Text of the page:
Treasured 16th century manuscript secured for the nation

The National Library of Scotland was successful in securing the manuscript known as the Chronicle of Fortingall at auction recently. Scribes compiled the manuscript between 1554 and 1579 at Fortingall in Highland Perthshire, which contains contemporary annals, poetry and other short texts in Latin, Scots and Gaelic. The scribes belonged to the MacGregor family who also compiled the slightly earlier Book of the Dean of Lismore, the earliest surviving collection of Gaelic poetry compiled in Scotland. Scholarly research and evidence shows the two manuscripts were almost certainly compiled by members of the same family.

The Library’s single most important Gaelic manuscript

Manuscripts Curator Dr Ulrike Hogg said: “We consider the Chronicle of Fortingall a partner volume to the Book of the Dean of Lismore, the Library’s single most important Gaelic manuscript and one of our greatest treasures. The two manuscripts are so closely connected that it’s difficult to describe one without reference to the other. It’s a great privilege for us to be able to bring the manuscripts together again after their compilation some 450 years ago. The Gaelic contents of the Chronicle of Fortingall make a significant addition to our Scottish Gaelic manuscripts collection, which is the largest in the world. And securing the manuscript for the national collections means we can make the contents publicly accessible and ensure its professional preservation.”

Senior Lecturer in Scottish History at the University of Glasgow, Dr Martin MacGregor, welcomed the acquisition and said: “It is a relief that the National Library was successful in securing the Chronicle of Fortingall, especially as they hold the companion volume, the Book of the Dean of Lismore. The Chronicle of Fortingall is a highly significant manuscript which provides insight into public life in the Highlands in the later Middle Ages. It is an important source for the history of the Highlands – social, political, cultural, economic and religious. It also has great linguistic importance as it embodies the interplay of Latin, Scots and Gaelic as written languages in then Gaelic-speaking Scotland.”

Breadalbane Muniments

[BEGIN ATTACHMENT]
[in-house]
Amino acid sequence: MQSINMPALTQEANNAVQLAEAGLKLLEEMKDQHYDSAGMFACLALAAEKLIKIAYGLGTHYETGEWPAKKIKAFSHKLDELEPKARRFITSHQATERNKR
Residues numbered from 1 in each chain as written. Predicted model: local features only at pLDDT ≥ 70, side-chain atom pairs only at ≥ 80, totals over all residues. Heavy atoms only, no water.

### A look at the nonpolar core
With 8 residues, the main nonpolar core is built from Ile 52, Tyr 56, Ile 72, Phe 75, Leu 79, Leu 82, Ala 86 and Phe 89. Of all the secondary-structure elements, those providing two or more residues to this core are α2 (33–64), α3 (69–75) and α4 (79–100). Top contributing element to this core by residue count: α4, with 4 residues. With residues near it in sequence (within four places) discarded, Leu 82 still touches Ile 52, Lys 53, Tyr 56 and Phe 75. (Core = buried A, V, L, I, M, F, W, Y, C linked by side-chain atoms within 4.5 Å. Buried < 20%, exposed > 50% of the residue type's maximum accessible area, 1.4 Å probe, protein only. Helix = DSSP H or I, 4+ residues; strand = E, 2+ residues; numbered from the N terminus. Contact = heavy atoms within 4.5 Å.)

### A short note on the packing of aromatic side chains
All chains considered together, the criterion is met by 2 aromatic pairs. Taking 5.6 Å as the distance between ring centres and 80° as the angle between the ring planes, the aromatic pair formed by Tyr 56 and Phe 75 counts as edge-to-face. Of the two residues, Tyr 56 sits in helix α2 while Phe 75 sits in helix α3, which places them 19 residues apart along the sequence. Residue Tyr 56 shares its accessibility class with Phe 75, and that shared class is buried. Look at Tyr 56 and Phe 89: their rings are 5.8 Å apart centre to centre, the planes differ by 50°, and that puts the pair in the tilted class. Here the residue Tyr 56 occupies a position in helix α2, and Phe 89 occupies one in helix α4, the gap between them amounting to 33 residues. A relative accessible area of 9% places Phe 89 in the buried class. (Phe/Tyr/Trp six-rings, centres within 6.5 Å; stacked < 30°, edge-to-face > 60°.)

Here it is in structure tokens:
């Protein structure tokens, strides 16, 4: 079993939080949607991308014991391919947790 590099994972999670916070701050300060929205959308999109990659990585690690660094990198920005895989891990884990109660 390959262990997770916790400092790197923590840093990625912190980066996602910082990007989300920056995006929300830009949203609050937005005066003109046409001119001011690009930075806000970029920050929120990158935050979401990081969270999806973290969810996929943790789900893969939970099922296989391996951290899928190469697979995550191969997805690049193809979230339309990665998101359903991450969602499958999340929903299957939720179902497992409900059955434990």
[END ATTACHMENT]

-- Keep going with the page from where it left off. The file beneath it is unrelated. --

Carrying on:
The manuscript was compiled at Fortingall, at the mouth of Glen Lyon in Highland Perthshire, near the eastern end of Loch Tay. It is written in several hands. Compilation took place between 1554 and 1579, although it may have begun earlier. One of the compilers records that he said his first mass in 1531, began to serve the cure at the church of Fortingall in 1532, and acknowledged the chief of the MacGregors. He may be the principal compiler, and further identified with Dubhghall (Dougall) MacGregor, on record as vicar of Fortingall in 1544. The authorial perspective reveals continuing Catholic allegiance, and hostility to the Scottish Reformation brought into law in 1560.

The item is the manuscript named The Chronicle of Fortirgall by Cosmo Innes, and published by him under that name in The Black Book of Taymouth: with other papers from the Breadalbane Charter Room (T. Constable: Edinburgh 1855). At that time, it belonged with the private family papers of the Earls of Breadalbane, held at Taymouth Castle by Kenmore, at the east end of Loch Tay in Highland Perthshire. When at various points during the 20th century these papers were transferred to what is now the National Records of Scotland in Edinburgh, where they are catalogued as the Breadalbane Muniments, this manuscript was not among them. It is supposed it remained with the family until now.

Did you know?

The contents of the manuscript include:

-Lists of kings of Scots and notes on their reigns in Latin.

-A list of battles from Bannockburn (1314) to Flodden (1513), also in Latin.

-A chronicle recording the deaths of prominent men and women within the Highlands from 1390–1579, written in Latin and Scots.

-A Gaelic poem written in a writing system based on Middle Scots.

-Poetry in Middle Scots by Robert Henryson and William Dunbar.

-Verses, proverbs and aphorisms in Latin.

-Miscellaneous short prose texts in Latin and Scots covering everything from the size and divisions of Ireland to medicine and cures, religion and belief, and commentary against women and inebriation.

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